Gunter STROMBERGER, Appellant v. TURLEY LAW FIRM f/k/a Law Offices of Windle Turley, P.C. and Thomas J. Stutz, Appellees.
This is an appeal from an order imposing sanctions under rule 215.1 of the Texas Rules of Civil Procedure. Gunter Stromberger appeals the trial court's order awarding the Turley Law Firm f/k/a Law Offices of Windle Turley, P.C. and Thomas J. Stutz the amount of $5,000 as a sanction for Stromberger's failure to appear at a post-judgment deposition and to comply with a subpoena duces tecum. Because we conclude the trial court abused its discretion by imposing the monetary sanction in this case, we vacate the trial court's order.
The trial court signed a final judgment against Gunter Stromberger in this cause on August 26, 2003. The final judgment awarded appellees $50,000 together with costs of court and post-judgment interest at the rate of ten percent per annum. The judgment also awarded appellees attorneys' fees in the event of unsuccessful appeals.
After entry of the judgment, appellees sought post-judgment discovery concerning Stromberger's assets. According to appellees, they made numerous attempts to depose Stromberger and were continually met with resistance and delays. Appellees also contend Stromberger failed to produce documents as required by a subpoena duces tecum.
On March 20, 2007, appellees filed a motion for sanctions pursuant to rule 215.1 of the Texas Rules of Civil Procedure. Attached to the motion were numerous documents ostensibly demonstrating Stromberger's attempts to avoid a deposition. The motion stated that Stromberger's conduct had caused appellees to incur fees and expenses totaling “at least ten thousand dollars” and asked the trial court to award them that amount along with any “penalty sanctions” the court found appropriate. A hearing was held on the motion during which appellees and Stromberger discussed Stromberger's conduct and that of his attorney. Appellees did not present any evidence of fees, costs, or other expenses incurred as a result of the alleged conduct.
After the hearing, the trial court signed an order granting appellees' motion for sanctions. In the order, the trial court stated it found Stromberger and his attorney “repeatedly failed to appear for [a] post-judgment deposition” and this warranted that sanctions be imposed. The court then ordered Stromberger and his attorney, Doug Perrin, jointly and severally, to pay appellees $5,000. Nothing in the order indicates how the trial court determined the amount of sanctions it imposed. Stromberger brings this appeal contending the trial court abused its discretion in making the award.
This Court has addressed previously the issue of monetary discovery sanctions under rule 215. See Ford Motor Co. v. Tyson, 943 S.W.2d 527 (Tex.App.-Dallas 1997, orig. proceeding). In Tyson we concluded that, where a monetary sanction under rule 215 is not tied to any evidence in the record and the basis of calculating the amount is unknown, the sanction constitutes an impermissible arbitrary fine. Id. at 535.1 Arbitrary fines are not susceptible to meaningful review. Id. In examining whether the trial court has abused its discretion, we must be able to determine not only that the trial court's decision to sanction the conduct at issue was proper, but that the sanction the trial court chose was just. Id. at 536. To be just, the sanction must be directed against the abuse and toward remedying the prejudice caused by the conduct. See TransAmerican Natural Gas v. Powell, 811 S.W.2d 913, 917 (Tex.1991). In addition, the sanction must not be excessive and must “fit the crime.” Id. Absent supporting evidence or some basis for calculation, there is no way to determine whether the amount of a monetary sanction is excessive. See Tyson, 943 S.W.2d at 535.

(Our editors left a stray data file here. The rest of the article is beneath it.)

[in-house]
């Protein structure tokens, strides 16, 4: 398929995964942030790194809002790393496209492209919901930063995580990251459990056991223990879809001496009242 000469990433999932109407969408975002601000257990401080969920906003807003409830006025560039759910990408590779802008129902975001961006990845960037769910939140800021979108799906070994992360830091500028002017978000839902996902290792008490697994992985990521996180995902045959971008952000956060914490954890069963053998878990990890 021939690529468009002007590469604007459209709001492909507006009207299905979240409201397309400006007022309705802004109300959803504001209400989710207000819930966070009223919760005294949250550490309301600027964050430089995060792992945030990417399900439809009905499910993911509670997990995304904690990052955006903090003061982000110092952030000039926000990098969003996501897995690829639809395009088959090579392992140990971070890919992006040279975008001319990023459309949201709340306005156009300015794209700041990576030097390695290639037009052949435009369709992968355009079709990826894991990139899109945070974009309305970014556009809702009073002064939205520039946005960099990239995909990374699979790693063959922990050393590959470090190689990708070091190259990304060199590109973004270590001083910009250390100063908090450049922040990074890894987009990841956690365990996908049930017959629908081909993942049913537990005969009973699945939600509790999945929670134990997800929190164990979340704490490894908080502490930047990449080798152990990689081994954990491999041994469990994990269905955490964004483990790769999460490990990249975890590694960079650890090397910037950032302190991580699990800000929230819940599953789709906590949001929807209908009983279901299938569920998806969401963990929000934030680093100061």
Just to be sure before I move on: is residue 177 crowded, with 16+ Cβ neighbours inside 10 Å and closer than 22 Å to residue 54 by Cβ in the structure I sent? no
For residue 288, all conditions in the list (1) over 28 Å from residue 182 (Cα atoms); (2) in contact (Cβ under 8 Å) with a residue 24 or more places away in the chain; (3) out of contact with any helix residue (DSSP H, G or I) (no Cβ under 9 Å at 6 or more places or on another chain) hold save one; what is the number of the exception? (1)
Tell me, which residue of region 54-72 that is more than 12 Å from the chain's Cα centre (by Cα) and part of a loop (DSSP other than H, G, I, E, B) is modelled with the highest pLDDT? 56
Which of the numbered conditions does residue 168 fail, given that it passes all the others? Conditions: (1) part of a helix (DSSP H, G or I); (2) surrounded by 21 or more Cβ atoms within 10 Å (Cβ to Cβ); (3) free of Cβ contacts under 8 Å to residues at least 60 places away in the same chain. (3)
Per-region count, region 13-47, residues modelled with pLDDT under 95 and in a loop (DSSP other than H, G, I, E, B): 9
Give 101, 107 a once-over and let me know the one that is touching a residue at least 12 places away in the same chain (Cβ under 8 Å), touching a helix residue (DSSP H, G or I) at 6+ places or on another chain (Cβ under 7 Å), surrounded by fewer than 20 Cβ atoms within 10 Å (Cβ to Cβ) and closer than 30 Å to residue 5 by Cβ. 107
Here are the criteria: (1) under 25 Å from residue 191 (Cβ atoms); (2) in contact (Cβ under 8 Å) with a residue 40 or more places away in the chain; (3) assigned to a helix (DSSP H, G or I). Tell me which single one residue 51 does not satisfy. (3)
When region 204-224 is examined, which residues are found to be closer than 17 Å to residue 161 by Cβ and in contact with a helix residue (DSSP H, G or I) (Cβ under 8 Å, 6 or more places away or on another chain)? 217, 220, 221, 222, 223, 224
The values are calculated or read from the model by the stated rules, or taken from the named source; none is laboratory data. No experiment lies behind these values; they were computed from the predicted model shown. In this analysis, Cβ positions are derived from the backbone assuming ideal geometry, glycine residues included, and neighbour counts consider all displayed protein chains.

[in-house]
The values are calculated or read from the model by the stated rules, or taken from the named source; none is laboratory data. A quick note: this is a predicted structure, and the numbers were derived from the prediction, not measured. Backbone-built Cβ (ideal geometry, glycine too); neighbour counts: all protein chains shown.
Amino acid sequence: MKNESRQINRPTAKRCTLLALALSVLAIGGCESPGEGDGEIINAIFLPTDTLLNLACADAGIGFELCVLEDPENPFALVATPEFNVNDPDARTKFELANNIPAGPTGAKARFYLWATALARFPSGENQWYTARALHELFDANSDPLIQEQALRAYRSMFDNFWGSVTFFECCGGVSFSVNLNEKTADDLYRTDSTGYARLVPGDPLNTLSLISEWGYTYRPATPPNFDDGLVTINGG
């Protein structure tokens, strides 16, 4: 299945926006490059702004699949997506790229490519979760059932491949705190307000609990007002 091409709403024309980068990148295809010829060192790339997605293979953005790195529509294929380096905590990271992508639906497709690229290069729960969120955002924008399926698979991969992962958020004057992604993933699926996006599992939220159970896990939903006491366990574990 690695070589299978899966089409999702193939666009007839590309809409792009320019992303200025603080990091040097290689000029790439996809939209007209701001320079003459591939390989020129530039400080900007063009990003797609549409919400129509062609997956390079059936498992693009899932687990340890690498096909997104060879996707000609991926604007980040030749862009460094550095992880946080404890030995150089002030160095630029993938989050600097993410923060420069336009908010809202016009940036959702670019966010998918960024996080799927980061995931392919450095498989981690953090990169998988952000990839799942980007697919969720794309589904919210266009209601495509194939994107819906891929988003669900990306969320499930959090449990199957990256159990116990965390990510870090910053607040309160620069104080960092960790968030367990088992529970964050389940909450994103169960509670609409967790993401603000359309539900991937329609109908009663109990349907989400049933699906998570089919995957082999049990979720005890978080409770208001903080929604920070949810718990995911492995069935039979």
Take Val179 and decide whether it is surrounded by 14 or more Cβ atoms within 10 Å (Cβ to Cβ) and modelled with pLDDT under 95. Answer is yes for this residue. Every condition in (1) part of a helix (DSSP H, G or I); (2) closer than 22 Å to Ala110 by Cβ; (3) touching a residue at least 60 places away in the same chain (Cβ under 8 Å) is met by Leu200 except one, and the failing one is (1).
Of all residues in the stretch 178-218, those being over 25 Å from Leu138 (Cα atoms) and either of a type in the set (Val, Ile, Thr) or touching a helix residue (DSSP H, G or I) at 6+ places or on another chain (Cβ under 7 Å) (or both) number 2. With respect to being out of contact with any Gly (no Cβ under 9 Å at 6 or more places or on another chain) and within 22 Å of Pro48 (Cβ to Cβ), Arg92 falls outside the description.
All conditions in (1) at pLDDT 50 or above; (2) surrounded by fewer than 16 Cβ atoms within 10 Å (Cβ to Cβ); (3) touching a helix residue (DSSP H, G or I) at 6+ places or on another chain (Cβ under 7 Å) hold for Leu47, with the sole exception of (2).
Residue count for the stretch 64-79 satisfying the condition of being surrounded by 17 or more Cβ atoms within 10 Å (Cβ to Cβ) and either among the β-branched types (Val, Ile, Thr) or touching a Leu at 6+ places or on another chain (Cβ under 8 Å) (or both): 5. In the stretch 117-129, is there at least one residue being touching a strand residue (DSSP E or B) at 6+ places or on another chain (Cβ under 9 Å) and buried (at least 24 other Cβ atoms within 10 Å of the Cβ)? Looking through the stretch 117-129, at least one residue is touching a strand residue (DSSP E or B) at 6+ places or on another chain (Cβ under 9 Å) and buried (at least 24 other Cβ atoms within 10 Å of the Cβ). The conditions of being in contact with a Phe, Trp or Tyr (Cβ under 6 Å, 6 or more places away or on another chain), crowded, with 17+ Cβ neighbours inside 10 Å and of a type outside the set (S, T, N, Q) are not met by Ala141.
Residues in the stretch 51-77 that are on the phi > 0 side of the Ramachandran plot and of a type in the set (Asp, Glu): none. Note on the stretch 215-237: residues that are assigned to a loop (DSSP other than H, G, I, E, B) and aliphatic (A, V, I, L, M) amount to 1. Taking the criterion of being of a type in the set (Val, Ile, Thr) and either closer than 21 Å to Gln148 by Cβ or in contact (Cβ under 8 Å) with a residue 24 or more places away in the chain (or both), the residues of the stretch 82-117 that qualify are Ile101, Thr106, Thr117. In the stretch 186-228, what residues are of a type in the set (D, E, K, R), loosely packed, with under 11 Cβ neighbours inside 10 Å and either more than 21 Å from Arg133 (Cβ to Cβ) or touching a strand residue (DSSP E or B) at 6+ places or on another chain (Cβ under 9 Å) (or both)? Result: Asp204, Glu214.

There is nothing in the record before us to indicate how the trial court arrived at the amount of the sanction levied against Stromberger and his attorney. Appellees did not submit any evidence in support of their motion to demonstrate what fees or expenses they incurred as a result of Stromberger's alleged conduct. Although appellees stated in their motion they had incurred fees and expenses totaling “at least ten thousand dollars,” there is no evidence in the record to support this assertion. Appellees did submit documents demonstrating their difficulty in securing a deposition of Stromberger and in obtaining records from him through a subpoena duces tecum. But these merely tend to show Stromberger and Perrin's conduct. See id. at 536. The record must also support the trial court's decision about what particular type of sanction to impose. When a monetary sanction is the type of sanction imposed, the sanctionable conduct alone does not prescribe the amount of the sanction. To review the decision of the amount of the monetary sanction imposed by examining only the conduct giving rise to the sanction would permit a “wavering standard of subjectivity” unrestrained by law or statute. See id.
We discern no basis for the trial court's decision in this case to impose a $5,000 sanction as opposed to some other amount. Without evidentiary support for the amount of the sanction imposed, we have no means to determine whether the amount of the sanction is just, as it must be to be upheld on appeal. See id. On the record before us, we conclude the trial court abused its discretion in granting the motion. We vacate the trial court's order imposing sanctions against Gunter Stromberger and Doug Perrin.
1. In Tyson, we specifically addressed discovery sanctions under rule 215(3) of the Texas Rules of Civil Procedure. See id. at 536. Our analysis, however, is equally applicable to sanctions imposed under 215.1. See id. at 534 (even assuming sanctions are not limited to those listed in the rule, arbitrary fine is not permissible).
Opinion by Justice MORRIS.